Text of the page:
Robert Kyncl and Tom Pickett are not your traditional media moguls. Neither acts like a conventional Old Hollywood power player—the fist-pounding Ari Emanuel, the super-tanned Robert Evans. But if the highest aspirations of their employers at Google are borne out, these YouTube leaders are poised to become two of the most important entertainment executives in the U.S.
Together, they’re overseeing the implementation of a new vision for YouTube. If successful, it would give the company an unprecedented degree of power in the still-nascent online video industry, putting it at the center of every step in the process, from production to distribution, and, ultimately, monetization.
“I can’t think of anyone more important right now in the entire industry . . . they’re up there with the biggest of the bigs,” says R.J. Williams, who runs an entertainment industry-focused channel on YouTube called Young Hollywood. “It’s not even that [Kyncl and Pickett] are programming heads or that they run a network—it’s that they’re the heads of Comcast.”
Actually, if all goes according to plan, the two might have more control, and on a broader scale, than someone like Comcast CEO Brian Roberts does. YouTube would be everything Comcast is—cable operator and network—and more. Comcast doesn’t get to sell ads against most of the programming on its cable system (with the exceptions, of course, of those channels it owns, as well as the minimal minutes alloted it by each channel). No network would dream of giving cable operators that kind of power. But that’s exactly the position YouTube finds itself in under the new arrangement. And YouTube already has many more eyeballs than even the biggest cable operators in the U.S. Comcast, for example, has 22.4 million subscribers. YouTube has 800 million unique users worldwide each month.
But the strategy doesn’t come without potential pitfalls. YouTube, like Google, began as a content-agnostic platform. And though the two like to believe—or pretend—that they don’t perform an editorial role, that they merely reflect the tastes and needs of the masses, this new strategy could force YouTube to publicly redefine its mission—or at least rethink its decision to have two different visions co-exist.
In the seven years since its founding, YouTube has become one of the most successful sites in the history of the Internet. The user-generated videos that made YouTube famous helped it accumulate the largest video audience in the world—leaving competitors like Hulu in its dust—and making it the second-most visited website behind Facebook. But videos of cats playing the piano aren’t, as it turns out, great sources of revenue.
“You can’t just advertise against whatever anybody decides to throw online,” says Marc Debevoise, senior vice president of interactive entertainment at CBS. “You have to have something you can actually package and sell to an advertiser, versus the random uploaded video that you and I did over our fishing weekend.”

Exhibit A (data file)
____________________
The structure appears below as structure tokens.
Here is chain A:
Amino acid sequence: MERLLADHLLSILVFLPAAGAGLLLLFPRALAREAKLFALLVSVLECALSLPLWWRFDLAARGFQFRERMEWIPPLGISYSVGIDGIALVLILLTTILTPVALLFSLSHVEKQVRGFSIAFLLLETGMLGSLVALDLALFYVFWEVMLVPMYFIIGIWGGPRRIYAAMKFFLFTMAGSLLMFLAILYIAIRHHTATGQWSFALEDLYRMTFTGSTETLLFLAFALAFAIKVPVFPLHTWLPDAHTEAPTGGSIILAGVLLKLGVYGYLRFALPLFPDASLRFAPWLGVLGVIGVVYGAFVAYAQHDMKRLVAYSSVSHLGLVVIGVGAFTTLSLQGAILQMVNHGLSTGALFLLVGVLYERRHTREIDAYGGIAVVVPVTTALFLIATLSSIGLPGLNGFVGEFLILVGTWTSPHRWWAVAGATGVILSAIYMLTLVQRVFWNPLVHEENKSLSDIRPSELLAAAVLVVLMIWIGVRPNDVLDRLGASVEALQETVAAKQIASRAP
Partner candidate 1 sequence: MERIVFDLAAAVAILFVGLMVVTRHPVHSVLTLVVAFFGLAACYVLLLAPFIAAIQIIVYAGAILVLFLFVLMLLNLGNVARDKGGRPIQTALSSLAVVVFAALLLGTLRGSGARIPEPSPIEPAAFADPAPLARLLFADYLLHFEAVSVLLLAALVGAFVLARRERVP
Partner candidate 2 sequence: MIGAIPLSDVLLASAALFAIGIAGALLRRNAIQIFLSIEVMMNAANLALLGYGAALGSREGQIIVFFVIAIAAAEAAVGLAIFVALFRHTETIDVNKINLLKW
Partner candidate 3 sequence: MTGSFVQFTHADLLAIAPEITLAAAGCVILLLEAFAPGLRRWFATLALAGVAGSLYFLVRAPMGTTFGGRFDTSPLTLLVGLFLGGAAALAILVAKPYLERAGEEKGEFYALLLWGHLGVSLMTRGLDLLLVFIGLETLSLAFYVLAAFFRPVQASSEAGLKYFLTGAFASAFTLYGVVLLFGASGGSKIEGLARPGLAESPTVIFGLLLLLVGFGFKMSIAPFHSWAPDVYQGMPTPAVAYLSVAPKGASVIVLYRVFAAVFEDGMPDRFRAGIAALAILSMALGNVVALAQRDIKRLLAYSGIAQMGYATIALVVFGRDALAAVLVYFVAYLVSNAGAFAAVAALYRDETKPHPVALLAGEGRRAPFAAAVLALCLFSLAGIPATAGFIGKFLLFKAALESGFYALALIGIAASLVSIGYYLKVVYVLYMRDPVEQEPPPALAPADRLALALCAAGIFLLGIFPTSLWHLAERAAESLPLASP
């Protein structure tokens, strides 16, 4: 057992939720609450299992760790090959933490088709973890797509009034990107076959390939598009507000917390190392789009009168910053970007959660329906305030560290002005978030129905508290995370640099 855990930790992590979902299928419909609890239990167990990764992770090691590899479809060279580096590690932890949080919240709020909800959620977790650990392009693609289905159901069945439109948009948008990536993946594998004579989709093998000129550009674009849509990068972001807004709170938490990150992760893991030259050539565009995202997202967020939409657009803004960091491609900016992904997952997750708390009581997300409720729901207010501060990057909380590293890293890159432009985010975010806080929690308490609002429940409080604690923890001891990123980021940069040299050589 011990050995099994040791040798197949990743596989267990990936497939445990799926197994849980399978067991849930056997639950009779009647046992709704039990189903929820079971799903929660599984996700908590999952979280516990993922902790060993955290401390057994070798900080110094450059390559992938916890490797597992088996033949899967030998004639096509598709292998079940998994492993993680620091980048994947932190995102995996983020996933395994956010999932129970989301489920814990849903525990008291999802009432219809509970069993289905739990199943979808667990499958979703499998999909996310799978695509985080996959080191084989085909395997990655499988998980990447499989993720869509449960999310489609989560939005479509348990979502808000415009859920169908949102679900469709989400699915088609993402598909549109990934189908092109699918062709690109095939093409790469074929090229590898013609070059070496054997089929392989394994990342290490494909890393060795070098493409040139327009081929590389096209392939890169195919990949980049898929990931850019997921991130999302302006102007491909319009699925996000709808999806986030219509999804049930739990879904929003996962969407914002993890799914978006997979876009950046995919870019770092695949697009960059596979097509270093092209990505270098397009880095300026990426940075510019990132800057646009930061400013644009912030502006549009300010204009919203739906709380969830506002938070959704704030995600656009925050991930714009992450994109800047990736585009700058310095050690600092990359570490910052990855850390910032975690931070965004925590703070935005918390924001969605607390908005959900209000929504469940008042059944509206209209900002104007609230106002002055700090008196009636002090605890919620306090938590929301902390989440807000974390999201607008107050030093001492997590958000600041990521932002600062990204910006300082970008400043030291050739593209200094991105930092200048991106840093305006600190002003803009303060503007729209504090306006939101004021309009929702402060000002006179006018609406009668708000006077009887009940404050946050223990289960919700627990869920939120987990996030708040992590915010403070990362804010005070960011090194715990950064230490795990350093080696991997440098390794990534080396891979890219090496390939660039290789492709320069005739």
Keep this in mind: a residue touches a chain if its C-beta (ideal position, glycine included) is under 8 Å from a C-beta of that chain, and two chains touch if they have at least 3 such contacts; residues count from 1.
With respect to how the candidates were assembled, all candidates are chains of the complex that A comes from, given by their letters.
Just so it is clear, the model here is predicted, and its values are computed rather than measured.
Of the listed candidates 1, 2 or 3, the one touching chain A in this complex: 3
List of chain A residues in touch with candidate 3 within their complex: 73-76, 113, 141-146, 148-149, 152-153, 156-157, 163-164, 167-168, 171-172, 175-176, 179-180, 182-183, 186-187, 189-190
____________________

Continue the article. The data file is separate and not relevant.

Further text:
And so, over the last eight months, Kyncl and Pickett have been overseeing YouTube’s Great Curation—a dramatic shift in the company’s vision aimed at transforming the platform from an aggregator of cat videos into a generator and seller of quality content.
Last month, YouTube unveiled one of the most important prongs in that plan, its new channel strategy. It’s designed to vastly expand the site’s stockpile of content through partnerships with promising young talent, and established brands from a variety of categories—sports, food, film, music, magazines—that will operate channels and produce content on the site like networks on a cable system. Many of the channels will serve interests that might be too niche for a regular cable operator, but for which, YouTube hopes, there is still an audience. The Wall Street Journal, WWE wrestling, Hearst Magazines, The Onion, Slate and Ben Silverman’s Electus studio are among the companies that have signed on to program channels. The latest, in a deal made last week: Disney.
Under the terms of the arrangement, each content producer that agrees to operate a channel receives a grant from YouTube. In exchange, they sign away the exclusive rights to the video content on their channel for an extended period, in some instances as long as 18 months, according to sources familiar with the arrangements. YouTube also reserves the right to sell ads against those videos. Revenue splits are negotiated, with the majority going to the content partners.
Another part of the strategy to aid the development of original content was launched this past spring, when Google purchased Next New Networks, an online video production studio, and then launched Next Lab out of the facility. YouTube then announced the Creators Institute, a full-fledged investment and training apparatus for promising video producers, and YouTube NextUp, an endowed grant program that allows filmmakers to compete for $35,000 in seed money.
The final major peg, though in a different vein, is the cache of 3,000 streaming major studio movies that YouTube made available for rental through its site in May. That isn’t about selling ads, but about competing with companies like iTunes and Amazon. It also has the added benefit of further diversifying YouTube’s offerings.
The total price tag of the revamp has been reported at around $100 million—not much, by cable industry standards, but a start. And with a parent company like Google, there’s always more money where that came from.